Creating an inclusive culture translates to a stronger employer brand
After the Covid-19 pandemic, diversity and inclusion (D&I), as a core value, are discussed more than ever before. This is especially true in the context of organizations striving to be amongst the best companies.
Business and HR leaders across the globe are focused on attracting and recruiting diverse talent to fill in various roles. People, irrespective of their race, gender, background, and sexual orientation, make up the workplace, contributing their bit towards innovation and development of the organization.
However, it’s not enough for organizations to simply forgather diverse people to meet D&I objectives. Diversity is just one variable of the equation of a company’s employee brand, which is simply defined as its reputation amongst its employees. Job seekers often look to work in an inclusive workplace when planning for the next move on their career path. So, it’s imperative that business and HR leaders create a diverse as well as inclusive culture. It’s only then that they can build a stronger employee brand and earn the reputation of being “the best place to work.”
Becoming an inclusive company
Inclusion is the level to which employees of an organization feel respected, valued, encouraged and accepted. However, building an inclusive workplace is easier said than done for many organizations. A number of them know that inclusion matters for success but struggle to create such an inclusive culture.
You, as a leader or a coach, will must know the challenge of becoming an inclusive company. Below you will find some useful ways to build an inclusive culture and take your organization to greater heights.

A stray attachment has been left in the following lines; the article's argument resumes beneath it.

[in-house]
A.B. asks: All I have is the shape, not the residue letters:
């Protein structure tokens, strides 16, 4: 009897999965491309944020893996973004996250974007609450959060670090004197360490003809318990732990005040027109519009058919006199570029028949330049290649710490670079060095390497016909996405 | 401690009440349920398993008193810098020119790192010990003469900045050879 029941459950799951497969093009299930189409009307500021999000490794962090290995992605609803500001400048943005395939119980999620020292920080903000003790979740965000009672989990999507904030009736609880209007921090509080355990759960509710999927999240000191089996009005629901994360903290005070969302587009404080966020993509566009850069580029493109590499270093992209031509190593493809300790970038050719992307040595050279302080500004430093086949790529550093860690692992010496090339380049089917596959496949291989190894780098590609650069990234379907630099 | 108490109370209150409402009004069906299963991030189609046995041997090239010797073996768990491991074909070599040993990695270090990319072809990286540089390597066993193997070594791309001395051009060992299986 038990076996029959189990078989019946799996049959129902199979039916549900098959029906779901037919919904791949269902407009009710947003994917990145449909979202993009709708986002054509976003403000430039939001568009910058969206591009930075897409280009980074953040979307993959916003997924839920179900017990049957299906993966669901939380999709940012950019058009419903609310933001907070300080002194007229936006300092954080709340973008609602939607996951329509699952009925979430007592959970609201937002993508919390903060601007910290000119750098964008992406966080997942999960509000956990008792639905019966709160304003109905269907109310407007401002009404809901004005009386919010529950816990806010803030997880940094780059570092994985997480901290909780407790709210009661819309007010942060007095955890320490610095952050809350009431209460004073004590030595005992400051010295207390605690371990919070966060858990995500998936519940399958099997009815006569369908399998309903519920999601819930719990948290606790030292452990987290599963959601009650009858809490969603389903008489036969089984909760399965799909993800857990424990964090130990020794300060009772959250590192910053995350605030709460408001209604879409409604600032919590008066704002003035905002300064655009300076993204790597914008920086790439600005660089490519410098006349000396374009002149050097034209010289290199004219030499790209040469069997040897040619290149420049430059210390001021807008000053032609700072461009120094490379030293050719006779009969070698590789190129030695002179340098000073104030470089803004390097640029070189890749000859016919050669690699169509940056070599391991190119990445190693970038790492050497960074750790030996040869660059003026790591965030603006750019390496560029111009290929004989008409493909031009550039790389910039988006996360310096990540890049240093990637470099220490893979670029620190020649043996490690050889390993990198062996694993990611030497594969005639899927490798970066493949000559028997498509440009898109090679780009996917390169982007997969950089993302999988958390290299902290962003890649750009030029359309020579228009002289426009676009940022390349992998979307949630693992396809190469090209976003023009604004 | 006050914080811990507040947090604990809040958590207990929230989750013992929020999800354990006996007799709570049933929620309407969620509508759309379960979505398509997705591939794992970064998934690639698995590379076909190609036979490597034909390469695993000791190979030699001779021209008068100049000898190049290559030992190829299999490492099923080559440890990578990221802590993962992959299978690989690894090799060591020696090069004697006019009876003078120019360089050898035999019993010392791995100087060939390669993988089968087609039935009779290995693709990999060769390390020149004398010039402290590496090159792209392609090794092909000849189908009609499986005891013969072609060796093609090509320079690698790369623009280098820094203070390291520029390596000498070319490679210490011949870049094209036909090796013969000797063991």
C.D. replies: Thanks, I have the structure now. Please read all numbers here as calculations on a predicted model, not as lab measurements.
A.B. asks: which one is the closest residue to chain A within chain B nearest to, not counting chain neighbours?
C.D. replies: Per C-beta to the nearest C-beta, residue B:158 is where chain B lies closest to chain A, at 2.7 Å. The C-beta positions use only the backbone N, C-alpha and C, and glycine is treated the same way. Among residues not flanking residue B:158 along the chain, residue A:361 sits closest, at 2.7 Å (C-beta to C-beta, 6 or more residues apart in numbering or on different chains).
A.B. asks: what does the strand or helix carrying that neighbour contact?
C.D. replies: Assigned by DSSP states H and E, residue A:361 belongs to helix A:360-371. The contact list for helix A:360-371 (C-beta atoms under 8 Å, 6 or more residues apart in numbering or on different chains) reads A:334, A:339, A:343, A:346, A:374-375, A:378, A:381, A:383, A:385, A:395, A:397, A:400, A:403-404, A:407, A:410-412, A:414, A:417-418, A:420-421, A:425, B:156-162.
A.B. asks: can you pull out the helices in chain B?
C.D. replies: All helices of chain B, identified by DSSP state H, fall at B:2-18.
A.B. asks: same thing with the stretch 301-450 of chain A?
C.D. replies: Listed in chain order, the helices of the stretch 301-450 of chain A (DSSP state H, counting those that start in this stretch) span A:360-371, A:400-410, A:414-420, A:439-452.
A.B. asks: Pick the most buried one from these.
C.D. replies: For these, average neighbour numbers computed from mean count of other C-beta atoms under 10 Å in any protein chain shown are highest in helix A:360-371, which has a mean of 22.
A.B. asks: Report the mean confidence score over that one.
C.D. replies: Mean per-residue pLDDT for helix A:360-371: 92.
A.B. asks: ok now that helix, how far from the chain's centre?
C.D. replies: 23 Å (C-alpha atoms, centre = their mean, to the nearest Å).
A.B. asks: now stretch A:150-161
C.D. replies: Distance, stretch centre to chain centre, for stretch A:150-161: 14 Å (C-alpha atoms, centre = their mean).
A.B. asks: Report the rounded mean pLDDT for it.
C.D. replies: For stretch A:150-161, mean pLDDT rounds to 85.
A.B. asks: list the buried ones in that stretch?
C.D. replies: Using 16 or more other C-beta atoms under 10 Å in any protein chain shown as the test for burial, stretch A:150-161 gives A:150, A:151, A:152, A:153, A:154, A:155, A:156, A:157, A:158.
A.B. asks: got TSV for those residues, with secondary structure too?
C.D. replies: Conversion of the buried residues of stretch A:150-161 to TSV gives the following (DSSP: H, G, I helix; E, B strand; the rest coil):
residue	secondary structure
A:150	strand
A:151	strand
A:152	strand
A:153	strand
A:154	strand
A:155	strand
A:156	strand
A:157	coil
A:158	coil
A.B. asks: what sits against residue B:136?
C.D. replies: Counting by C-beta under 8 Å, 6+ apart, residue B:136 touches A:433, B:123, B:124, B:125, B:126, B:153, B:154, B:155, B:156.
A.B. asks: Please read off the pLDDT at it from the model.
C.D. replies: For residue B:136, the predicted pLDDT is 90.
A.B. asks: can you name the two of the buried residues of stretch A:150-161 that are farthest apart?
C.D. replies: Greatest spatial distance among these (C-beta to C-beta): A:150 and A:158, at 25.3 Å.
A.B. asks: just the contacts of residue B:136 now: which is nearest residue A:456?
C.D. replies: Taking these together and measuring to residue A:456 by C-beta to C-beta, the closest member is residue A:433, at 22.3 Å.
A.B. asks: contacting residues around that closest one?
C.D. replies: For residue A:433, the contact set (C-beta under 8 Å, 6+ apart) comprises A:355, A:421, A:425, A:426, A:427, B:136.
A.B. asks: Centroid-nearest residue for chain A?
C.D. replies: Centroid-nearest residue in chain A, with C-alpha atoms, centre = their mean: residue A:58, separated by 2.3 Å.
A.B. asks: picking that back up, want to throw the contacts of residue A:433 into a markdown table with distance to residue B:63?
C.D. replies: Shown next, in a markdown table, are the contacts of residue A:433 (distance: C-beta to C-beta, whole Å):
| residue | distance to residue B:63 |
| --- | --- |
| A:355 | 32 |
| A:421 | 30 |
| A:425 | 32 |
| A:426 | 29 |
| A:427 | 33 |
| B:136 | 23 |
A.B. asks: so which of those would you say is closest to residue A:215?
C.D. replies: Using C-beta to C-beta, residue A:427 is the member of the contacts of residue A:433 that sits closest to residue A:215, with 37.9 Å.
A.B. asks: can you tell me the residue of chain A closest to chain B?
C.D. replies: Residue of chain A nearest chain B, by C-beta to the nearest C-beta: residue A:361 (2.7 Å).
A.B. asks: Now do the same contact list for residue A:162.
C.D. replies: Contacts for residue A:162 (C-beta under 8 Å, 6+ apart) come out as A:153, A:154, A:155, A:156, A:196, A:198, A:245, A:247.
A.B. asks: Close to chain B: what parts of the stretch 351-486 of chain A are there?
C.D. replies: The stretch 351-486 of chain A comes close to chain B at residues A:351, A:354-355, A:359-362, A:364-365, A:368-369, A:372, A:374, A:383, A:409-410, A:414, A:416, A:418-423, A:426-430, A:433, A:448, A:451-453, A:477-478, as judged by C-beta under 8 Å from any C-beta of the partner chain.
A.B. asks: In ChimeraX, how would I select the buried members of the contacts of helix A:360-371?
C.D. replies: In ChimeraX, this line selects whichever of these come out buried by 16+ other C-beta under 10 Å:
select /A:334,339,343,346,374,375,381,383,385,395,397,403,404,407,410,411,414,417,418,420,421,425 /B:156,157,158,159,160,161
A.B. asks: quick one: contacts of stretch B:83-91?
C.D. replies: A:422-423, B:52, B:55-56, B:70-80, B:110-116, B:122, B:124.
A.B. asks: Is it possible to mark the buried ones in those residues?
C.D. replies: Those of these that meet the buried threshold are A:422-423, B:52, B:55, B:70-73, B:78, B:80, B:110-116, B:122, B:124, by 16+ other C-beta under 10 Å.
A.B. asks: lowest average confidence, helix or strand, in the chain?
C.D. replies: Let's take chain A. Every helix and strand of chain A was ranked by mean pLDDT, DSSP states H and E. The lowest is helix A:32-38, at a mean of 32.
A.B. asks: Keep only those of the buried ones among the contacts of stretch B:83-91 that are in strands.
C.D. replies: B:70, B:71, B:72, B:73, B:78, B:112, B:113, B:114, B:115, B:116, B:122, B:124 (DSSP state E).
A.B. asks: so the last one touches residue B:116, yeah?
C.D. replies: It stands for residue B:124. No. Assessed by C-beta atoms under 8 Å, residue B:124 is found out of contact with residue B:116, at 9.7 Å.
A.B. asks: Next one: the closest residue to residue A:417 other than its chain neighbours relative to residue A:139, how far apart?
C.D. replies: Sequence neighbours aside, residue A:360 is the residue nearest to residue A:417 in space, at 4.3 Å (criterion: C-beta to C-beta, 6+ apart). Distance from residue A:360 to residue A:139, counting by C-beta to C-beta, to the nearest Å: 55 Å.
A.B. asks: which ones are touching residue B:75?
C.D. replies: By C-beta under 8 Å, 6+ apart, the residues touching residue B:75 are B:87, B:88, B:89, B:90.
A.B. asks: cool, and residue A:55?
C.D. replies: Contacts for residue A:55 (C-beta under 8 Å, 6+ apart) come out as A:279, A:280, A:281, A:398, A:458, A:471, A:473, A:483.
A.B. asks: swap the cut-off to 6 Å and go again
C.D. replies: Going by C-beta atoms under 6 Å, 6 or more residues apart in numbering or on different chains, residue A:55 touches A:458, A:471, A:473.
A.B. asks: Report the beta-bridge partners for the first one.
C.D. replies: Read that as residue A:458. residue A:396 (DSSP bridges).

1. Hold a gratitude program
An inclusive company expresses “Thanks” formally to its people through an organization-wide gratitude program. You can use the program as a powerful tool to foster inclusivity in your organization. Designing a gratitude program that’s in line with your organization’s values can help in reducing unconscious bias. For managers, a gratitude program goes beyond appreciating employees across the organization. It can provide them with some concrete data, which they can use to up their employee recognition efforts.
Take, for example, the gratitude program gives managers the data that women are not recognized as often as men. The data can also be extrapolated to various departments of the organization. Using this data, an organization can take corrective actions and perhaps boost its employee recognition practices.
2. Create informal communication channels
The idea of internal communication—one that happens vertically and laterally between employees, teams and departments—perhaps needs to be changed to create an inclusive workplace. It’s hard for employees to get a sense of belongingness in the organization if there’s an icy shield between seniors and subordinates. It’s important to keep discussions formal and professional, but too much of it can kill the fun of work. Real inclusion happens when communication just flows, acceptably and valuably.